Oh, if only we could have brought the car!
[Kyle][Maryanne] The day started with a double lock, which the lock keeper filled way too fast to be comfortable. The speed wheel on the boat was measuring about 4kt as she filled the lock and we struggled to keep the boat from hitting the opposite walls. She showed no concern and made no effort to help us, nor slow the flow, and at the same time seemed to be arguing with her boss who had arrived for some reason. Neither of them seemed interested in our struggles.
[Kyle]While trying to keep the boat straight in the heavy flow, the stern wondered over to the other side and caught a back eddy, pulling harder than I could resist. I leaned over further and further until I ended up on my butt being dragged helplessly towards the bollard, where I planted both feet and tried to keep from letting go of the line. At other places we have been, like the Scottish locks, if such a problem had arisen the keeper would have quickly closed the sluices to reduce the water flow and calm things down until all was again under control. I was desperately hoping she would do the same thing but she stood stone faced the whole time – not her problem I guess! Eventually I knew my only hope for relief would come when the lock was closed to full and the flow slowed down naturally. I wasn’t sure I could hold out that long and called to Maryanne for help, although she was also struggling, she mercifully managed to help take some of the strain and gain a better angle on the lines to secure the boat.
The next lock was also a lady keeper, and was tranquil and easy, and there was lots of offers to help to take lines and generally chat to us. Chalk and cheese!, as Maryanne says.
It was this day we reached the peak of the canal altitude and we exited our last up lock (the Ocean lock), followed a tranquil stretch of water, and then entered our first down lock (the Mediterranean lock)… Oh how we appreciated the down locks, there are the same problems of entering, but there seem to be no real currents or eddies as the water empties, and it is an easy, relaxing process without any of the stress we’d had in many of the earlier up locks. And it’s down hill all the way from here!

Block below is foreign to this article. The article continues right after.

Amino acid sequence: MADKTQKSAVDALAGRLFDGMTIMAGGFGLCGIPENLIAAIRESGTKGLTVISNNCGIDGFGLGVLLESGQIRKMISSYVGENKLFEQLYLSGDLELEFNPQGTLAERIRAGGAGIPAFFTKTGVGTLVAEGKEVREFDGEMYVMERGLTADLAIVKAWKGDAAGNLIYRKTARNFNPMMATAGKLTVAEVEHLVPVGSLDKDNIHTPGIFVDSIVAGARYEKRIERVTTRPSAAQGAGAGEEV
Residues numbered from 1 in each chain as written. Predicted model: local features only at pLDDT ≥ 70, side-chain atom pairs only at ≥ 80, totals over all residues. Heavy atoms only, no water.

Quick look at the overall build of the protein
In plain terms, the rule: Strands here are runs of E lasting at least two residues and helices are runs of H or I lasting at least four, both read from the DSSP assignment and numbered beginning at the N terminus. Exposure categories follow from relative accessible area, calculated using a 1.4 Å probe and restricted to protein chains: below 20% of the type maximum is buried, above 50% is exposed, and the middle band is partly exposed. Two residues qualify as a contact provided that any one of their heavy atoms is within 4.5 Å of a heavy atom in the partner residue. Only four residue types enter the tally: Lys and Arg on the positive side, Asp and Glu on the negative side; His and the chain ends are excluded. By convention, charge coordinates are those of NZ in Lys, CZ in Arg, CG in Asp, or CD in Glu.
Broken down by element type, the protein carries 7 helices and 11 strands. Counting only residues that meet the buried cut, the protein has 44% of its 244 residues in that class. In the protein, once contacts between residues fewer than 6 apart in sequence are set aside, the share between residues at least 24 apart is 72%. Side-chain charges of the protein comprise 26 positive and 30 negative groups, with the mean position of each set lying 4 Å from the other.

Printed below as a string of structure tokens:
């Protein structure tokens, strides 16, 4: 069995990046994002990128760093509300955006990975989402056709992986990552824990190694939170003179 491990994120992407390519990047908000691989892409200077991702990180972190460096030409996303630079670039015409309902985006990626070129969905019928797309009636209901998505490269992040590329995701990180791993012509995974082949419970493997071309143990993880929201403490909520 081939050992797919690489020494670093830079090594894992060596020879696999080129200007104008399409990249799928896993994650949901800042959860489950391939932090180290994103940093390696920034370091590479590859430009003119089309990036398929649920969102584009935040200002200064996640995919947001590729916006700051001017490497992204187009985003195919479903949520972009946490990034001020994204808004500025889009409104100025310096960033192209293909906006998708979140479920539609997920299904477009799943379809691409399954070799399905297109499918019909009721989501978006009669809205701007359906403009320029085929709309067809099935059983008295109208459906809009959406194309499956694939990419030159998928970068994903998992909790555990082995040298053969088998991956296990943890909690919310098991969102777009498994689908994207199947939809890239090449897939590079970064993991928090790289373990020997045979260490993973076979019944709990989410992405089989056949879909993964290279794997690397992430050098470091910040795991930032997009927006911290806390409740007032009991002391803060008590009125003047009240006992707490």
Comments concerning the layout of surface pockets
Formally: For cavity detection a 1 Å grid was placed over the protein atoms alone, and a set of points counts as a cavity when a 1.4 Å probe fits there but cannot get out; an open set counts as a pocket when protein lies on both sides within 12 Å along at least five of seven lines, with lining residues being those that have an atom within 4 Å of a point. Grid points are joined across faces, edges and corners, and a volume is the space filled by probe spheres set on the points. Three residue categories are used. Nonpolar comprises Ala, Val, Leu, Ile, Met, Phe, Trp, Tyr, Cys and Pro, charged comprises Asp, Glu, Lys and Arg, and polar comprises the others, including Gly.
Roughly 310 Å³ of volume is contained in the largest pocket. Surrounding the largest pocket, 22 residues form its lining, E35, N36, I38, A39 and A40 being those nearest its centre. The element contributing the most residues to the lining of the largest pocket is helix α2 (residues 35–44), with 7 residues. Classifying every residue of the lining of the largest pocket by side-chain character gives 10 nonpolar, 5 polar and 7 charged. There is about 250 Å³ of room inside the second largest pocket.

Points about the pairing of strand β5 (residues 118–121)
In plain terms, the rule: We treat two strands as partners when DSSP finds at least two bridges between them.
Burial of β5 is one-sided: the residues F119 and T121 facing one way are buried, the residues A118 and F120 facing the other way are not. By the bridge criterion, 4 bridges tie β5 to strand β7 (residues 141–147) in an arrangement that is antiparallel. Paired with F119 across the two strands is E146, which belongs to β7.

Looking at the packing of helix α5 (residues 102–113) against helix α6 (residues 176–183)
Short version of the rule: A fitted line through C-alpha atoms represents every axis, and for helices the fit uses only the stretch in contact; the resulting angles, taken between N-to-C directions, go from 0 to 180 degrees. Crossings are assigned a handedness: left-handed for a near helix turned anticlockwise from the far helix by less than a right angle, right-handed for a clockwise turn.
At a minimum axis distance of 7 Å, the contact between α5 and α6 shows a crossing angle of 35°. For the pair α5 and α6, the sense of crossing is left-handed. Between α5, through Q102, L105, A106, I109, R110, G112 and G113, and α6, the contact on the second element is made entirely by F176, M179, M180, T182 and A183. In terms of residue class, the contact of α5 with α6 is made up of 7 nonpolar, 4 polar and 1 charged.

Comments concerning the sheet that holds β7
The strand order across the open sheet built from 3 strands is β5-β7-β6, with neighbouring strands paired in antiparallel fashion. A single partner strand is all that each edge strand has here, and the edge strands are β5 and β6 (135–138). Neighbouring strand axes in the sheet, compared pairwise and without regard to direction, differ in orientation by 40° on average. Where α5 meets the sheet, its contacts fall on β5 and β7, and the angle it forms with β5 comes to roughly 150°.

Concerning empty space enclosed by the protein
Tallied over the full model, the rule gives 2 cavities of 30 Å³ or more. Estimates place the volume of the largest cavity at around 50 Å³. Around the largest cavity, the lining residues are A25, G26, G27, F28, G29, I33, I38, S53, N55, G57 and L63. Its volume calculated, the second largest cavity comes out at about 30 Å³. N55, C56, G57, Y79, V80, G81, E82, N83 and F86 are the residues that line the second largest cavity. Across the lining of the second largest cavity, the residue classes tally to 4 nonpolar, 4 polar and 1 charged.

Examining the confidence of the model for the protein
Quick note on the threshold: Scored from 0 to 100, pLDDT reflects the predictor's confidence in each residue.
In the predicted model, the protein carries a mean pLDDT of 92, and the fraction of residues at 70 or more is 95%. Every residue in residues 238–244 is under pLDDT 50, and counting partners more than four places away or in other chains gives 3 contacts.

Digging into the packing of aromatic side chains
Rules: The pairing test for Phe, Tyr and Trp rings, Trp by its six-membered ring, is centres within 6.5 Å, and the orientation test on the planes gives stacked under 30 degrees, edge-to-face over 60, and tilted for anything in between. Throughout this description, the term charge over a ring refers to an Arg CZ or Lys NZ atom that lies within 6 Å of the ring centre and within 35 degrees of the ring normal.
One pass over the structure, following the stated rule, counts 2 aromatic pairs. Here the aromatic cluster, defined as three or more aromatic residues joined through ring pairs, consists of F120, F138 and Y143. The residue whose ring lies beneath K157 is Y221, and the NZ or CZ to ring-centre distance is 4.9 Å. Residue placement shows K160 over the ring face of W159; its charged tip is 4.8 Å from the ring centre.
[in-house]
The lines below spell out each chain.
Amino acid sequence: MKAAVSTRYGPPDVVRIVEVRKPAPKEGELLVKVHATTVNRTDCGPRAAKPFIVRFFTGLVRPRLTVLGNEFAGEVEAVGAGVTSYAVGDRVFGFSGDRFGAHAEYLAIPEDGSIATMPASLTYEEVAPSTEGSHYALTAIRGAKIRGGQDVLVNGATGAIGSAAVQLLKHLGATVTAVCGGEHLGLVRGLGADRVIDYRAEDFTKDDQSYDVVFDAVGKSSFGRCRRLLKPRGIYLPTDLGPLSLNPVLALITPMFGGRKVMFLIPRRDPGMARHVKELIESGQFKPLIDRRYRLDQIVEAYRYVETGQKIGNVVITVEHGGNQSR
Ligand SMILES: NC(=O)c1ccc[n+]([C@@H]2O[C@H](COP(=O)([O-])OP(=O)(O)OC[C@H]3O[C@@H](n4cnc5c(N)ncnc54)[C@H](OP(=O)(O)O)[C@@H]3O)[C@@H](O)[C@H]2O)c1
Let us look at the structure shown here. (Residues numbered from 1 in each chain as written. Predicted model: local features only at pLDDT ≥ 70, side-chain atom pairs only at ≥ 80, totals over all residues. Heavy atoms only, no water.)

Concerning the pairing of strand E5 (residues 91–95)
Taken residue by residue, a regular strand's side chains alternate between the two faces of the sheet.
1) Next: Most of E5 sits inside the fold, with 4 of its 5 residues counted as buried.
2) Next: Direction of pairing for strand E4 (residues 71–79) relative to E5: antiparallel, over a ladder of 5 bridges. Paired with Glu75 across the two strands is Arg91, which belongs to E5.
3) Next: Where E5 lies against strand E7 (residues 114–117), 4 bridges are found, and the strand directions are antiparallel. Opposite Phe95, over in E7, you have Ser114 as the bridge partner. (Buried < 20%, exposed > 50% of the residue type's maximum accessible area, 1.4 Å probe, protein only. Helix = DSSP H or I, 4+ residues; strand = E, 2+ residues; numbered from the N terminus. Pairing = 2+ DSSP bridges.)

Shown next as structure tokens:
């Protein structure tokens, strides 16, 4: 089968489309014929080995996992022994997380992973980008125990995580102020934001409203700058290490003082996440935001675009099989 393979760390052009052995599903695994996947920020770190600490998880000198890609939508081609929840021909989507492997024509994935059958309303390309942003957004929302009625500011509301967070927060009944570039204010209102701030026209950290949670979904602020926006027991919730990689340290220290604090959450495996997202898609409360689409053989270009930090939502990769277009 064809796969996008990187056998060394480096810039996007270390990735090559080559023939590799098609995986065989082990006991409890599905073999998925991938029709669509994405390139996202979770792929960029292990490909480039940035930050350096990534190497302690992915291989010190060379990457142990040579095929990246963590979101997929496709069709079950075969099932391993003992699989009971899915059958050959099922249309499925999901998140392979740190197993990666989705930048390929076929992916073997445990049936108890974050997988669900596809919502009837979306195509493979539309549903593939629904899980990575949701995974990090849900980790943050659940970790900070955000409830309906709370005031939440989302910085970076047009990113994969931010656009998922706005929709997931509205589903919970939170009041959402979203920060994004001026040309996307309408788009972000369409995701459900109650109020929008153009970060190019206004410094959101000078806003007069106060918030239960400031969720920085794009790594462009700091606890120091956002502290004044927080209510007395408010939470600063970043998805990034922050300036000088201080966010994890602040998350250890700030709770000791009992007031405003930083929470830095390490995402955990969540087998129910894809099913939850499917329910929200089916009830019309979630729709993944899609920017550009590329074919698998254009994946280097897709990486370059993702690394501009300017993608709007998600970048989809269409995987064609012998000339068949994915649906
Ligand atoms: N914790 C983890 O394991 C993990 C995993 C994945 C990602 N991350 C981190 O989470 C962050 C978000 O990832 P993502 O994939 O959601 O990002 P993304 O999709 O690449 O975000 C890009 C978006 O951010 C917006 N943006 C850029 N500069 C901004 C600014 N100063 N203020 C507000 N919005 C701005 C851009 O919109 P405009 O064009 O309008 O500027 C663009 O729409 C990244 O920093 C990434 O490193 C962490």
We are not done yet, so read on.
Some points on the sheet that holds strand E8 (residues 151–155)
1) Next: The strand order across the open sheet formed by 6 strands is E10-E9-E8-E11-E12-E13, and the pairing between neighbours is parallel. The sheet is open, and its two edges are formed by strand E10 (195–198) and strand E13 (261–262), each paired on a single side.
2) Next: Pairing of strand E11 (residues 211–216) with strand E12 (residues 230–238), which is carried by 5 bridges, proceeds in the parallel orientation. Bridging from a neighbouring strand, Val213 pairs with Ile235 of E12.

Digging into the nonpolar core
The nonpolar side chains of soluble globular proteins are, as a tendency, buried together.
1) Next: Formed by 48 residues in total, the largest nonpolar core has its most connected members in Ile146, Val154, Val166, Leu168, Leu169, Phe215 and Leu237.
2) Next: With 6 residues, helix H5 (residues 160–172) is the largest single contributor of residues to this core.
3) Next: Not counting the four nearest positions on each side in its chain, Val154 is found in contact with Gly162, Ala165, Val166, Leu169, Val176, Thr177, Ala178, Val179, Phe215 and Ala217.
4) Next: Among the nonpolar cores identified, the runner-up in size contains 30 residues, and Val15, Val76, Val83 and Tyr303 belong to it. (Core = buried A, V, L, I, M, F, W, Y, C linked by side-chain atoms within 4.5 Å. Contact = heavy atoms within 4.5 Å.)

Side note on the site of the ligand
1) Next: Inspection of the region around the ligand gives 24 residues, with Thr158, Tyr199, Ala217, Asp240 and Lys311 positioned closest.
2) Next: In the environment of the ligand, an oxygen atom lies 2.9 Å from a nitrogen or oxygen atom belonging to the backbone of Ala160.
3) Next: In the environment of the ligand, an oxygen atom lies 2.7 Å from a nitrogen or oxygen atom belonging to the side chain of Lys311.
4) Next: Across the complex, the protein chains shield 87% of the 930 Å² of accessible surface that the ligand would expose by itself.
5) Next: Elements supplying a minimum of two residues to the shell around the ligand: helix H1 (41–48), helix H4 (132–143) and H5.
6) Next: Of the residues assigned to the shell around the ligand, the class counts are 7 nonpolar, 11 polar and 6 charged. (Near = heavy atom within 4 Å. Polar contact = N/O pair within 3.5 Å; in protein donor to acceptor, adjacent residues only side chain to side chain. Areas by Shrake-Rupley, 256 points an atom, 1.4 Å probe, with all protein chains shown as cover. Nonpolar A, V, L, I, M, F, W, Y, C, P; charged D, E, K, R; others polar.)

The weather was clear and sunny, almost too hot (mid 30’s C all day, and no shade at all once we left the cockpit).
We were starting to notice some strange engine noises (exhaust noises actually) and although the boat seemed to be performing at normal speed, no overheating or signs of trouble from the gauges, the water outflow wasn’t as strong as we were used to. We started mentally considering what the problem might be while I kept an eye on the temperature gauge to be sure.
The highlight of the day was to be Castlenaudry, a beautiful town where we planned to spend a couple of hours wondering about and also getting groceries and fuel (fuel is very difficult to find on the canal). Naturally we couldn’t find the fuel station mentioned in our guidebook (we hadn’t realized it was so out of date when we purchased it), and we eventually tied up on the town wall anyway to be told the fuel station was long closed, and we couldn’t stay at this dock. We snapped some pictures. Performed a quick check of the water strainer (empty? That was a surprise) and the impeller (no problem) and moved on.